Pudding makes a comeback
Pudding is back on restaurant dessert menus, and for some reason, butterscotch is playing a major role in its revival.
Some chefs call them budinos. Others would say pot de creme. But in America, we just say pudding.
If you're like me, that means a box of jell-o brand dry mix. But these days, several chefs are making them from scratch, and they're featuring a flavor a lot less popular than chocolate.
What happens when you set butter and brown sugar up on a blind date? You get the basis for butterscotch, actually. But at the Purple Pig, just off Michigan Avenue, they also add milk and egg yolks to this tasty pairing, and get a budino.
"A budino is just another name for pudding in Italian... usually the budinos are, the way we make it, just a little bit more firm than you are use to seeing in jelly pudding... but it's pretty much the same thing, just a prettier name," said Jimmy Bannos, Jr., chef of The Purple Pig.
Cornstarch thickens the budino, and after it's chilled, a dollop of fresh whipped cream and some hazelnut brittle add both richness and crunch.
"No one is doing butterscotch, so eventually we will switch it around a lot, but Massimo just did an awesome job making it over the summer before we opened, and we loved it," said Bannos.
Just a few blocks away, inside Sable at the new Palomar Hotel, there's a butterscotch pot de crème on the dessert menu. A cousin to the budino, perhaps?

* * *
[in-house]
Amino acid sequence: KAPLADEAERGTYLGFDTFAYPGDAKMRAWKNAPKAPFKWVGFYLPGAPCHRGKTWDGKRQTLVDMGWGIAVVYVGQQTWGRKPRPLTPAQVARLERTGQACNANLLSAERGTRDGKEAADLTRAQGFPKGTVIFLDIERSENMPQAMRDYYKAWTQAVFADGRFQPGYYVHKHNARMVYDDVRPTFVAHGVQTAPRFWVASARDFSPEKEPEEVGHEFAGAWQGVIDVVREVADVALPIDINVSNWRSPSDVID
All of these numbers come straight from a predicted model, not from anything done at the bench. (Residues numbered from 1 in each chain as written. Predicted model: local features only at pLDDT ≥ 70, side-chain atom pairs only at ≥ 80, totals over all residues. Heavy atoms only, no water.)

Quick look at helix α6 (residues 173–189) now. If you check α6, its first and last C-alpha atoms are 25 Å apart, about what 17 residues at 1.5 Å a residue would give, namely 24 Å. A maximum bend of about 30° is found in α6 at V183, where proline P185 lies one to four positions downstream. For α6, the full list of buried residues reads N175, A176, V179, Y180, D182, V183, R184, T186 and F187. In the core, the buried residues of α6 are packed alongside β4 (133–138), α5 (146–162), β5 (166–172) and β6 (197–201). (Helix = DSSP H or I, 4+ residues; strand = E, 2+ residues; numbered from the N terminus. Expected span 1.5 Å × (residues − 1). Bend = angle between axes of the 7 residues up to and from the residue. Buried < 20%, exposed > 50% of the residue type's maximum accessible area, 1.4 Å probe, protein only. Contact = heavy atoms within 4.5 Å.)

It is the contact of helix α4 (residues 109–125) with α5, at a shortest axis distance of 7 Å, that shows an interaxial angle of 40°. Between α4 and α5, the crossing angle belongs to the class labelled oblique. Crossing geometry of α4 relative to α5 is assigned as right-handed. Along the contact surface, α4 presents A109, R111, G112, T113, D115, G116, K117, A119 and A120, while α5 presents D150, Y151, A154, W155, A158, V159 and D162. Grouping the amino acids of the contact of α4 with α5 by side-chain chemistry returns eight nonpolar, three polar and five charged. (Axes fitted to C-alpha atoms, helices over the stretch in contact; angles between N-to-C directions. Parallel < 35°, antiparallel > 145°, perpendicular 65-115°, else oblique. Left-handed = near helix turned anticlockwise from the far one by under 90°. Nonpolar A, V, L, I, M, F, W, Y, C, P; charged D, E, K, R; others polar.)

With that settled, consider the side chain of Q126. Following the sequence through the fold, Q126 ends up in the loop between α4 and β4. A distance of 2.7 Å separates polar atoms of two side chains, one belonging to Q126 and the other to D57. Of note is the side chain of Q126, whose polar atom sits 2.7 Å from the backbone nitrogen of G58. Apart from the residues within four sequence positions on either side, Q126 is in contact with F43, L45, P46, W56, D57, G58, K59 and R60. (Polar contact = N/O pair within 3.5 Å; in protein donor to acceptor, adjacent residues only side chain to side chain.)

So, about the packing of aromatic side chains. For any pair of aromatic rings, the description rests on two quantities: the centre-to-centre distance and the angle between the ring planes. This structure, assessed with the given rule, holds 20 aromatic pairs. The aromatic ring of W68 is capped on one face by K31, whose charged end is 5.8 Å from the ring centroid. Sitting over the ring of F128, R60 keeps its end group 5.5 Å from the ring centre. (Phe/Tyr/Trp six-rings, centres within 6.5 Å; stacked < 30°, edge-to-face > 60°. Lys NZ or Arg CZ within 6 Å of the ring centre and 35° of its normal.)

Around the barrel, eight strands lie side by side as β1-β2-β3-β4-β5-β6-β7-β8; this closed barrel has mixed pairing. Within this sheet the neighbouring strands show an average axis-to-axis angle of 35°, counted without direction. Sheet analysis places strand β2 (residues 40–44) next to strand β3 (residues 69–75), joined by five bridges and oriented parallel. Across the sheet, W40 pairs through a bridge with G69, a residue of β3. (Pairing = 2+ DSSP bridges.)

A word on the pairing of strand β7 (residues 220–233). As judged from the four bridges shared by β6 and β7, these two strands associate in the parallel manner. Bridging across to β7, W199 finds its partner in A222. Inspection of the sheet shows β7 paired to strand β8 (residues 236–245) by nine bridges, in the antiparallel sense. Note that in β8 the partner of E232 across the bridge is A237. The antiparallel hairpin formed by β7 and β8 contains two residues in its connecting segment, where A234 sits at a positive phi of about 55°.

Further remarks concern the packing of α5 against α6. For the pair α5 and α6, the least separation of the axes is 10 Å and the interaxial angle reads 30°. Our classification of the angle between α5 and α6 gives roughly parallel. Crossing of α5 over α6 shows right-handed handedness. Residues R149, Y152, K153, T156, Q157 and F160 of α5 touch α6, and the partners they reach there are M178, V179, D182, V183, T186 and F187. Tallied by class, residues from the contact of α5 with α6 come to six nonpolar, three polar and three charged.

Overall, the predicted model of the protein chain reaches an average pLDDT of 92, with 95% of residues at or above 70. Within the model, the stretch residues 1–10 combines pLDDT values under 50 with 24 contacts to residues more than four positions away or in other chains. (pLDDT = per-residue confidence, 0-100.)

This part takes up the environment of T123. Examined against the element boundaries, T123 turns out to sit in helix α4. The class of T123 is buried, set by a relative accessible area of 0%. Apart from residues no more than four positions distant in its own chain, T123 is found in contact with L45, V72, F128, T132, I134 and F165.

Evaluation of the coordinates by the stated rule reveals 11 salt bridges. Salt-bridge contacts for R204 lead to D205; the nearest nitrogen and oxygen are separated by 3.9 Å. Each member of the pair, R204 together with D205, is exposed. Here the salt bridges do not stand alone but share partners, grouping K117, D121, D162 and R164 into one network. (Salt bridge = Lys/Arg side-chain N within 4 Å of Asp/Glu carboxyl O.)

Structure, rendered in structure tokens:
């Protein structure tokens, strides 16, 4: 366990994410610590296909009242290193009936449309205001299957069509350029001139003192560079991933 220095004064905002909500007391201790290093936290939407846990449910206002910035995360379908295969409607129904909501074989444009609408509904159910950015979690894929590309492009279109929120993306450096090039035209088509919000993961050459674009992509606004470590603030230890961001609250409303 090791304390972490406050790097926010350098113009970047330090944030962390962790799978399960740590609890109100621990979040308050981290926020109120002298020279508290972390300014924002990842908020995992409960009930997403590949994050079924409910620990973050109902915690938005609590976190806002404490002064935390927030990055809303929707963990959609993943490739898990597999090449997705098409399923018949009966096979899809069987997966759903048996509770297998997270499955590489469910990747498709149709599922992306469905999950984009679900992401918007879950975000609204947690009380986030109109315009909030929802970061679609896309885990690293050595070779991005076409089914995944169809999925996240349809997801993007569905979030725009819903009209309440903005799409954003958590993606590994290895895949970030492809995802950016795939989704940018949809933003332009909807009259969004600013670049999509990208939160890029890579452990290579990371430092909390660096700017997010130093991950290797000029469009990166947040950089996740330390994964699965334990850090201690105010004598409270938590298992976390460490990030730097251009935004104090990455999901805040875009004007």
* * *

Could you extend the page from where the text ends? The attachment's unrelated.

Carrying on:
"Essentially it is a fancier word for pudding and really the concept came about home-cooked pudding, childhood memories and turning that into something a little bit upscale," said Heather Terhune, chef of Sable Kitchen.
Terhune makes the pudding without cornstarch.
"It's cream, egg yolks, there's no thickener to bind it. We make our own caramel with sugar and caramel. A little bit of scotch; It's got dark brown sugar in it as well as vanilla bean and we just cook it like a pudding essentially," Terhune said.
On the side, brown butter pecan shortbread is embedded with toasted pecans.
"And then we serve it with a kumquat compote so that kinds of gives that sweet, savory, kind of tart bitterness to it and it really balances the flavor of the butterscotch well," said Terhune. "We serve it in a little jar so it is like a pot of cream, essentially. You know we could call it a pudding; yes, make it a little more pedestrian but this seems to fit a little bit better with our concept."
Another recent discovery of a butterscotch pot de crème at Hub 51 in river north, where they sell a shot glass-sized version on their regular dessert menu.
The Purple Pig Chicago
500 N. Michigan Ave.
Sable Kitchen and Bar
505 N. State St.
51 W. Hubbard St.
restaurants, steve dolinsky
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